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Church settles with four in suit

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Spotlight Report

Grand jury indicts Shanley, rape of four boys

By Stephen Kurkjian and Kevin Cullen, Globe Staff, 6/21/2002

The Rev. Paul R. Shanley, a one-time street preacher who has come to symbolize the alleged failure of the Archdiocese of Boston to control sexually abusive priests, was indicted yesterday on charges that he raped four boys in a since-closed Newton church.

Middlesex District Attorney Martha Coakley said a grand jury charged Shanley with 10 counts of child rape and six counts of indecent assault and battery. Shanley, 71, who has been held on bail since his arrest in San Diego last month, will be arraigned sometime next week, Coakley said.

The indictment alleges the crimes took place between 1979 and 1989, while Shanley was at St. John the Evangelist Church, which has since been closed. Coakley said two victims were attacked between the ages of 6 and 11, another between 7 and 12, and the fourth from the time he was 10 until he was 15.

Three of the four victims attended the same religious education classes at St. John's between 1983 and 1989, when many of the attacks occurred, she said. After his arrest, prosecutors said Shanley had taken one boy out of religious class and abused him in the church bathroom, a confessional and the adjacent rectory where Shanley lived.

Neither Donna M. Morrissey, a spokeswoman for the Archdiocese of Boston, nor Shanley's lawyer, Frank Mondano, could be reached for comment. Mondano has in the past said he found allegations that Shanley had been allowed to remove boys from classes to abuse them hard to believe.

While Coakley didn't identify the alleged victims by name, two of them, John Busa and Gregory Ford, both 24, have filed lawsuits against Shanley and the archdiocese and have come forward to identify themselves.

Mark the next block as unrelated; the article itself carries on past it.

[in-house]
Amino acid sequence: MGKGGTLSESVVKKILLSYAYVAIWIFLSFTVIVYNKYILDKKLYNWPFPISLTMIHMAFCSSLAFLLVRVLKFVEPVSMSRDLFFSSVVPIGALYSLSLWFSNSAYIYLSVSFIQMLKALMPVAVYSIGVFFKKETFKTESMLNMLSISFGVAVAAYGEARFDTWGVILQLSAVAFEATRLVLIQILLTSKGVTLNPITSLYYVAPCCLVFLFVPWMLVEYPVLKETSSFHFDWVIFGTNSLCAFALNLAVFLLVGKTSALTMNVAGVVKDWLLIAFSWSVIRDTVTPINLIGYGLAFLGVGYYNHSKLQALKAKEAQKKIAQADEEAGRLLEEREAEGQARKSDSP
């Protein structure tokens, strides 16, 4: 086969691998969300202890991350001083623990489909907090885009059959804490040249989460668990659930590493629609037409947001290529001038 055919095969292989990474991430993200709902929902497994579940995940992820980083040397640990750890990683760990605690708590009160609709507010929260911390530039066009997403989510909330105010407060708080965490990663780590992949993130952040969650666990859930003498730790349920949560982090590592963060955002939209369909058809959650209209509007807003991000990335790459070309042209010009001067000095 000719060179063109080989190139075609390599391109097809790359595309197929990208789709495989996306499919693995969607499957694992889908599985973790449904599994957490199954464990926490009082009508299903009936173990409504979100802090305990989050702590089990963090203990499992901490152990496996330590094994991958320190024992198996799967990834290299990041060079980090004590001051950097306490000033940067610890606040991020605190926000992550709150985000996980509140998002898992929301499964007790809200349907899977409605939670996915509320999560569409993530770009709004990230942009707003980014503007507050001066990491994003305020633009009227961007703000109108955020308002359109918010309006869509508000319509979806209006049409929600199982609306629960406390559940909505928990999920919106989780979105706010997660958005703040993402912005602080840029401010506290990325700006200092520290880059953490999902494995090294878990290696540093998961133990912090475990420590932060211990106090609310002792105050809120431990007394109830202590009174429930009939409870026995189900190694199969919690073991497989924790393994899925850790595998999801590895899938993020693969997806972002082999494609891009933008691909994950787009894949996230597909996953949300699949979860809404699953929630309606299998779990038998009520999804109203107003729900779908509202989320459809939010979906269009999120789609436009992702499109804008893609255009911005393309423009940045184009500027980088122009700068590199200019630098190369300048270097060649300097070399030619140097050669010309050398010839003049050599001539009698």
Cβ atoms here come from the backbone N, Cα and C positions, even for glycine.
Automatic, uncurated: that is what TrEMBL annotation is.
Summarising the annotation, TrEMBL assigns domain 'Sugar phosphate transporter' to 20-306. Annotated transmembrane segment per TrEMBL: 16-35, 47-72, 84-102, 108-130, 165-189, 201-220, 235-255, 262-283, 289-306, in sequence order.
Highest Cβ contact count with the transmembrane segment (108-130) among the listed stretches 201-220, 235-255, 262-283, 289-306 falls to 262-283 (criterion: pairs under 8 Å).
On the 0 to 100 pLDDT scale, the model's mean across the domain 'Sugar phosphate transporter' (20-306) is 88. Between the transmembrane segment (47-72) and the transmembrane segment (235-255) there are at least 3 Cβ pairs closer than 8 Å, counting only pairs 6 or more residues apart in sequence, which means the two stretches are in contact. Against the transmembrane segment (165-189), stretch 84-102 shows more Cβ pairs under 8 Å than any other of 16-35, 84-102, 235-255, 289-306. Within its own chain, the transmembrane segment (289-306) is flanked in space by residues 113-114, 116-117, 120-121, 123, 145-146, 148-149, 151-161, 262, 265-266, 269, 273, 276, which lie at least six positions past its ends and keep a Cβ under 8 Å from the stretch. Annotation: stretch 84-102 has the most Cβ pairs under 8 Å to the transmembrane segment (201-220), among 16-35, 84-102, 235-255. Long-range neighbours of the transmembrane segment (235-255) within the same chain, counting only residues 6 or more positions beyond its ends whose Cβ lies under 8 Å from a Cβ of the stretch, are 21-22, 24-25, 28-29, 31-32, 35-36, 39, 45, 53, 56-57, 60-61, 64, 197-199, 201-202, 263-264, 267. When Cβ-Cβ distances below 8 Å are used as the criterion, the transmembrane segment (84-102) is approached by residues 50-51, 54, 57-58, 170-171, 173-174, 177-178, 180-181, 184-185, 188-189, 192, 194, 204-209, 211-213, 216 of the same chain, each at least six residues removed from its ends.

Coakley said many others had contacted her office, alleging that Shanley had abused them. But she said their cases fell outside the statute of limitations and could not be prosecuted. She declined to estimate how many others had contacted her office.

The statute of limitations for rape changed in 1985, going from six to 10 years, and in 1988 it changed again, so that the clock did not begin ticking until the victim turned 16. The statute of limitations is suspended when a suspect leaves Massachusetts, as Shanley did for California in 1990.

At a press conference at his lawyer's office, Greg Ford's father, Rodney Ford, expressed his family's gratitude to law enforcement officials and the other alleged victims who stepped forward.

''From this work, hopefully, Shanley will never abuse another child again,'' Ford said.

Asked for his reaction at the news of the indictment, Ford said, ''I hate to use the word happy in a situation like this, but I am glad to see there can be resolution for the victims.''

Ford's lawyer, Roderick MacLeish Jr., has filed suit against Cardinal Bernard F. Law, claiming Law failed to supervise Shanley.

In his lawsuit, Busa said that he ''started to repress memories of the abuse almost immediately from the time it began,'' but that the memories flooded back in February after he read a story about Shanley in the Globe. That story recounted Shanley's life as a ''street priest'' in Boston during the 1970s, when he befriended troubled teens living on the streets, and it reported allegations that Shanley had abused minors.

All four of the alleged victims are said to have ''repressed memories,'' which defense lawyers have attacked in other cases around the country, suggesting repressed memories are fabricated. Coakley said she does not use the term, but said all the alleged victims ''had issues of old memories that have been recovered in different ways.''

She said the recovery of such memories is common when a young victim has suffered trauma.

Shanley's personnel file was full of salacious and disturbing allegations, including those that he openly advocated sex between men and boys at a meeting attended by those who went on to found the North American Man Boy Love Association, or NAMBLA.

In 1990, when Shanley went to work in San Bernardino, Law did not inform officials about Shanley's notorious past. Last week, at the US Bishops Conference in Dallas, Law apologized to the bishop from San Bernadino for that.

Asked if Boston Archdiocese officials were aware of the alleged abuse carried out at the Newton church, Coakley declined to say, but said whether they knew did not fall within the parameters of her investigation. On Wednesday, the Massachusetts Senate passed a bill that would make it a crime to allow any supervisor to put someone with a history of abuse in a position to abuse children.

Coakley said the abuse carried out by Shanley would not have taken place had adults done more to protect children.

''In an ideal world, adults protect children,'' she said.

Globe correspondent Todd Wright contributed to this report.

This story ran on page A22 of the Boston Globe on 6/21/2002.
© Copyright 2002 Boston Globe Electronic Publishing LLC.


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